Big Macs in big countries: an update on euro area adjustment
Have prices moved in the direction of correcting real exchange rate misalignments everywhere in the euro area in recent years? Not between the largest euro-area economies, i.e. France, Germany and Italy, says evidence from the Big Mac index. However, latest trends may be working in the right direction in these countries too.
What can the Big Mac Index tell us about real exchange rate misalignments in the euro area? Have relative prices between countries adjusted so as to correct them?
Despite its many limitations, The Economist’s Big Mac Index remains a popular and intuitive measure of exchange rate over/undervaluation. In the absence of nominal exchange rates, one would expect prices of Big Macs to vary across euro area countries according to local productivity.
For one thing, Big Mac prices reflect both the competitiveness misalignments that prevailed in the euro area on the eve of the crisis and the subsequent adjustment in the periphery. Despite systematic productivity differentials between Germany and Greece or Italy, in 2011 Big Macs sold for nearly identical prices. As Figure 1 shows, a burger was slightly cheaper in Greece (€3.26) and marginally more expensive in Italy (€3.50) than in Germany (€3.40).
In the years that followed, price increases in the euro-area periphery were contained relative to other euro-area countries, leading to the recovery of competitiveness. Figure 2 illustrates the adjustment in relative prices: by 2018 prices in Greece (+€0.09), Ireland (+€0.27) and Portugal (+€0.35) had increased by less than the euro area weighted equivalent (+€0.63).
Another point to note is that relative prices of Big Macs have not changed among the large euro-area economies. Prices in France and Italy have grown (+0.70 EUR) virtually as much as prices in Germany (+0.72 EUR) (Figure 1) and faster relative to the euro area in general (Figure 2).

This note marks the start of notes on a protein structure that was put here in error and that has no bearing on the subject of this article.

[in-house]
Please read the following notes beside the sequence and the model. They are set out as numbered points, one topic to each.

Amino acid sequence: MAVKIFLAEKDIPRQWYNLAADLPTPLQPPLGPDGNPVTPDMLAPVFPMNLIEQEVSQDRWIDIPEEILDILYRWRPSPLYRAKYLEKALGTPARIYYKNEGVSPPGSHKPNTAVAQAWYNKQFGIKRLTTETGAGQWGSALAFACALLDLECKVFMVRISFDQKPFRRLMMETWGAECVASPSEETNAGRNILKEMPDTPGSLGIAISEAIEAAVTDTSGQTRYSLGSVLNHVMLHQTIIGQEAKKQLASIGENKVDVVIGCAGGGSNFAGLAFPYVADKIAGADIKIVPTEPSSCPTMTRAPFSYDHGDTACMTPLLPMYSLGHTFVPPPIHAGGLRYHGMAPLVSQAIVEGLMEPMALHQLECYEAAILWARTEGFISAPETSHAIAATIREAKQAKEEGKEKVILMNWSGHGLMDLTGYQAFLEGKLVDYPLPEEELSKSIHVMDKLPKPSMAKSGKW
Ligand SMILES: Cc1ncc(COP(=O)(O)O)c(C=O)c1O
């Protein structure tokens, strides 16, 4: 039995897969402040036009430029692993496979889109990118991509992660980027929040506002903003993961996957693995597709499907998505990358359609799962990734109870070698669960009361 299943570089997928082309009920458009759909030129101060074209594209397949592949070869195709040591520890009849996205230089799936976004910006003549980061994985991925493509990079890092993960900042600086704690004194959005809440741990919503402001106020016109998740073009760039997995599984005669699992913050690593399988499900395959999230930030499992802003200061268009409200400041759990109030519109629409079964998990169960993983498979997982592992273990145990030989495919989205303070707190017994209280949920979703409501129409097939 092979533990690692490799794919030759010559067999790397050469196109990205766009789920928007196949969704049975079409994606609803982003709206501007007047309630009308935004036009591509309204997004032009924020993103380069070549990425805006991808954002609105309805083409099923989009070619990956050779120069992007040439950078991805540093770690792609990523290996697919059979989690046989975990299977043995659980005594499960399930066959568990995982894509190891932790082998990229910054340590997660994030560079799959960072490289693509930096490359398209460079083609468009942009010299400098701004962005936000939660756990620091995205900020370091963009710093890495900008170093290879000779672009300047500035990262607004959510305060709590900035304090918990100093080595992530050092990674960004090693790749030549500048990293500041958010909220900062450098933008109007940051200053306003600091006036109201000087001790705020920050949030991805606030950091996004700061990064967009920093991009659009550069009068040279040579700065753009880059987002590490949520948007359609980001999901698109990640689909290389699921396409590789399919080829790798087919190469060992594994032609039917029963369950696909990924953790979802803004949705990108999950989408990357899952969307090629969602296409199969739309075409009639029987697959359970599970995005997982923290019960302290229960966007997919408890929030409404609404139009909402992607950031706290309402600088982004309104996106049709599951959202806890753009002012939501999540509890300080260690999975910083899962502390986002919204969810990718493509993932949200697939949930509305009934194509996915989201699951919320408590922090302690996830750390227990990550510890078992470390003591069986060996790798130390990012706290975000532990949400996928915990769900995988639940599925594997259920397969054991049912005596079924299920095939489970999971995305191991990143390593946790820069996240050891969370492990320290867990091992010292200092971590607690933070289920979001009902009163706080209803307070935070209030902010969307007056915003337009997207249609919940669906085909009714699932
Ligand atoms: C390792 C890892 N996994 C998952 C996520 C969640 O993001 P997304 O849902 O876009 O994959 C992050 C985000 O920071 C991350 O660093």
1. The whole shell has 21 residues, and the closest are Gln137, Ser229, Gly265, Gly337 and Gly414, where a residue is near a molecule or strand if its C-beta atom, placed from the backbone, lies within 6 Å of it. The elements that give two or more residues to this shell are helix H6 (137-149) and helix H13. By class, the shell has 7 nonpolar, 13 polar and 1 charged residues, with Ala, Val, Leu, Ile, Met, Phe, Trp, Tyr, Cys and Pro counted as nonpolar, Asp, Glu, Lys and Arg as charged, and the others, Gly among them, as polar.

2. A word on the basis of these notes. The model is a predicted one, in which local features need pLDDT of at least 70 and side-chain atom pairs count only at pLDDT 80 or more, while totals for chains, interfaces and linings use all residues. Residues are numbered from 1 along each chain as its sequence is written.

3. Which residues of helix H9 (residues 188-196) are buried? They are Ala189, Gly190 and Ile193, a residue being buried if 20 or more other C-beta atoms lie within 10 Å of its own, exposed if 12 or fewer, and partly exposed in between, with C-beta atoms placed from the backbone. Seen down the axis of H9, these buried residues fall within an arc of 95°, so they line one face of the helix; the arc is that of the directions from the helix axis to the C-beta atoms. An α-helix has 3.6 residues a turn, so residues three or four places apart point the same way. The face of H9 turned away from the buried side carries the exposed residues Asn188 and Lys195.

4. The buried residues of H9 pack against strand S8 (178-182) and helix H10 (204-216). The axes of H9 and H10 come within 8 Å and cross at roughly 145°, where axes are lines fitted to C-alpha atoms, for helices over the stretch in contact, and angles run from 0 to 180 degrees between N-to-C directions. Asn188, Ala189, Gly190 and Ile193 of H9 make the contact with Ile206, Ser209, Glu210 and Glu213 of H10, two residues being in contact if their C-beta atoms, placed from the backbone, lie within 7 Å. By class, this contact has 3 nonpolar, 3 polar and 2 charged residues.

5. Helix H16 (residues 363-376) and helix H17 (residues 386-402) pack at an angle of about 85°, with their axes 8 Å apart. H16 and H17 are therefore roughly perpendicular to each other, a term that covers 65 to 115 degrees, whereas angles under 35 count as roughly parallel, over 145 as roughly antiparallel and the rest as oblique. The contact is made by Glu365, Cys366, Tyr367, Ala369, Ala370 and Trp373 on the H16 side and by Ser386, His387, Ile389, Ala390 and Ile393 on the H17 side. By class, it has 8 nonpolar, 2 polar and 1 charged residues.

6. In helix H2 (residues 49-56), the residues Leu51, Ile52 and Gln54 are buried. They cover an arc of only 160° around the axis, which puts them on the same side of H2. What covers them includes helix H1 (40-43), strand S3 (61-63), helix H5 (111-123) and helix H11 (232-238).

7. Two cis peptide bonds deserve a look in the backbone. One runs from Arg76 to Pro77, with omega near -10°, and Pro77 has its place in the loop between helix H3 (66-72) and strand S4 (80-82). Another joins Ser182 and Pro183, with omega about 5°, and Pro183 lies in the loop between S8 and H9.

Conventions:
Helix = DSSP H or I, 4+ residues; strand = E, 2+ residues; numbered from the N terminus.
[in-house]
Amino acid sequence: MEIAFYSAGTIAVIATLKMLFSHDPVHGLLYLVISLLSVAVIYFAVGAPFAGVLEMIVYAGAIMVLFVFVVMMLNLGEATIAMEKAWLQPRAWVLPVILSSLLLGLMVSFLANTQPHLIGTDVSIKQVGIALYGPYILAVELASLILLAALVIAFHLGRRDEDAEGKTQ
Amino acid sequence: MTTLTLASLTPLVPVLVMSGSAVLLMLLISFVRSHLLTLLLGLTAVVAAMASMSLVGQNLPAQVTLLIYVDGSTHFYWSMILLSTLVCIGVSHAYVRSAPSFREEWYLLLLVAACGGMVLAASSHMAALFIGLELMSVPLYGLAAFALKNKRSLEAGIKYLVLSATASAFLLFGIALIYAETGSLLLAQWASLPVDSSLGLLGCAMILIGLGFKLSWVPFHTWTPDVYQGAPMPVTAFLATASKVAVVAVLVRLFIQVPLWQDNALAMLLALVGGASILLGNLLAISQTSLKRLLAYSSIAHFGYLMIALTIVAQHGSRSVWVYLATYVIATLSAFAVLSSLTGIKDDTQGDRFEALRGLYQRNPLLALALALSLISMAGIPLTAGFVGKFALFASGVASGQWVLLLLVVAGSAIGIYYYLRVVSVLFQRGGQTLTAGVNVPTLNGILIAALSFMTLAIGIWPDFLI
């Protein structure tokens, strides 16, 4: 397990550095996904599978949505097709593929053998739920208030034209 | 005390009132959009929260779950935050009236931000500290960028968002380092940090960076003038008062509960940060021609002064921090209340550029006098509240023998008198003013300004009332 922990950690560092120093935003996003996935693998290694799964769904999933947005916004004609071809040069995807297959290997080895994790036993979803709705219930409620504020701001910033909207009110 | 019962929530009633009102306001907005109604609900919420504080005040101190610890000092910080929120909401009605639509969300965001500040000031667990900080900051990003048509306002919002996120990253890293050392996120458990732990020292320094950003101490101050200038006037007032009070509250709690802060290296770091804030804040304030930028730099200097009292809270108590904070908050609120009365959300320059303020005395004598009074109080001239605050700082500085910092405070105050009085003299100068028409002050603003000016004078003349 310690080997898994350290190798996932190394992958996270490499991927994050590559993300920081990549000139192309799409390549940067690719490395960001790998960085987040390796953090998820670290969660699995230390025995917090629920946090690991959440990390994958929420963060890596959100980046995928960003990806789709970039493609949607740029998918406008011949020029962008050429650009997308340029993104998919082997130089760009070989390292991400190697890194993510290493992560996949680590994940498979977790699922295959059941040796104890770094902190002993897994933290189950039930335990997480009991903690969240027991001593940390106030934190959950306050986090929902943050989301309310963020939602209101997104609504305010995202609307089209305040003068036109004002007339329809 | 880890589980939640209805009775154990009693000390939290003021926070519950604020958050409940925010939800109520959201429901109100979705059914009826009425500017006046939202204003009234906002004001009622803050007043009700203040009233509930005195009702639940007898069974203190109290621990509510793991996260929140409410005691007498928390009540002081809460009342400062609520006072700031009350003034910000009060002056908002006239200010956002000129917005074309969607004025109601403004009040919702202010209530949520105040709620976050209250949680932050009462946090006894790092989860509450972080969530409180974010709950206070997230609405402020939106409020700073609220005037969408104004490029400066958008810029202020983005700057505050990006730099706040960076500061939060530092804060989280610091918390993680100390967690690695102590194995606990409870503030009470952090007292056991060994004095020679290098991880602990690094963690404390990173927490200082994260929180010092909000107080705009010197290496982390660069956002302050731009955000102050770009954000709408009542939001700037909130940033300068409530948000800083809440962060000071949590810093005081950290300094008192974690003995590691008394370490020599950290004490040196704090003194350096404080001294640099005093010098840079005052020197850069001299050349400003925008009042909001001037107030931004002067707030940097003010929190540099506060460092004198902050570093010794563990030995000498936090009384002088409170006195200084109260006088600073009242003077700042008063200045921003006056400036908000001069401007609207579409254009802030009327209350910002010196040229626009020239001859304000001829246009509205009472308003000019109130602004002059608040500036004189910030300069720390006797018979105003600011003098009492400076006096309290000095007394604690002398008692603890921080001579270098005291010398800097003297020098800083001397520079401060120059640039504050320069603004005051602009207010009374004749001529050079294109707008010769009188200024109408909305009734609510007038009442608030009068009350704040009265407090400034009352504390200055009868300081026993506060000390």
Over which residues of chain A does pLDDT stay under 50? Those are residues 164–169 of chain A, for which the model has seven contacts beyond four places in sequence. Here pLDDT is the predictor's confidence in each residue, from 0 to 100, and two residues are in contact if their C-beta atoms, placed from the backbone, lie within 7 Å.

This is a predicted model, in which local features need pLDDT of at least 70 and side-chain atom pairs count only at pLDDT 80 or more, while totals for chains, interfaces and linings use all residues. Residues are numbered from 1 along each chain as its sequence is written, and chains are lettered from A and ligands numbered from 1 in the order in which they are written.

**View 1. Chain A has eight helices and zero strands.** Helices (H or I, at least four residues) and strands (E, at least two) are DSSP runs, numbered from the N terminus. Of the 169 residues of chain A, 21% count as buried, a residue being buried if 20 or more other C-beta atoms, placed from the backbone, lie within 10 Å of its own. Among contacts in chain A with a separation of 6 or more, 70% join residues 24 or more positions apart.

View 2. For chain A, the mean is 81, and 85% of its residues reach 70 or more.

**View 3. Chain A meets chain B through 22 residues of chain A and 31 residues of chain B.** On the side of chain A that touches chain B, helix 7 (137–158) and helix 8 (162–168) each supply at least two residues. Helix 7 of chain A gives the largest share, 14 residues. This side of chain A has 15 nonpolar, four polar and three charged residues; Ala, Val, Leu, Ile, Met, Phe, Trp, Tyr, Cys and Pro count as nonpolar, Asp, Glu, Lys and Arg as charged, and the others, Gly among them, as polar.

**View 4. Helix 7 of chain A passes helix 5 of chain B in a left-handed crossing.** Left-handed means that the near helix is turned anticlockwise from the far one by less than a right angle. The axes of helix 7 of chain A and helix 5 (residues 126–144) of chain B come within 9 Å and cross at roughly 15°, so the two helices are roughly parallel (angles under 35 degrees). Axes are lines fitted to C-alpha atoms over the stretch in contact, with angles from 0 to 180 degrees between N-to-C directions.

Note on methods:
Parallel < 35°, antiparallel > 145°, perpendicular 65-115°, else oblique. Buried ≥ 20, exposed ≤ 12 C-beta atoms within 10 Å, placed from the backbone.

To the extent that 2011 prices captured a misalignment in real exchange rates, that misalignment persists (or has possibly been exacerbated by widening productivity differentials in the same period). The International Monetary Fund made this case much more formally in its latest External Sector Report: it found an overvalued real effective exchange rate in France and Italy (by 4% and 5% respectively) and a significantly undervalued one in Germany (by 15%) for 2017.
On a brighter note, however, recent developments may be finally working in the desired direction. Figure 3 helps unpack the story: the relative price gap of Big Macs between Germany on the one hand and France and Italy on the other actually widened from 2011 to 2016, as prices in the former remained flat and continued to rise in the latter. Since 2016, however, these trends have actually reversed, helping to gradually reduce the price differential.
International Monetary Fund (2018). 2018 External Sector Report. IMF Policy Paper. July 2018.
Republishing and referencing
Bruegel considers itself a public good and takes no institutional standpoint. Anyone is free to republish and/or quote this post without prior consent. Please provide a full reference, clearly stating Bruegel and the relevant author as the source, and include a prominent hyperlink to the original post.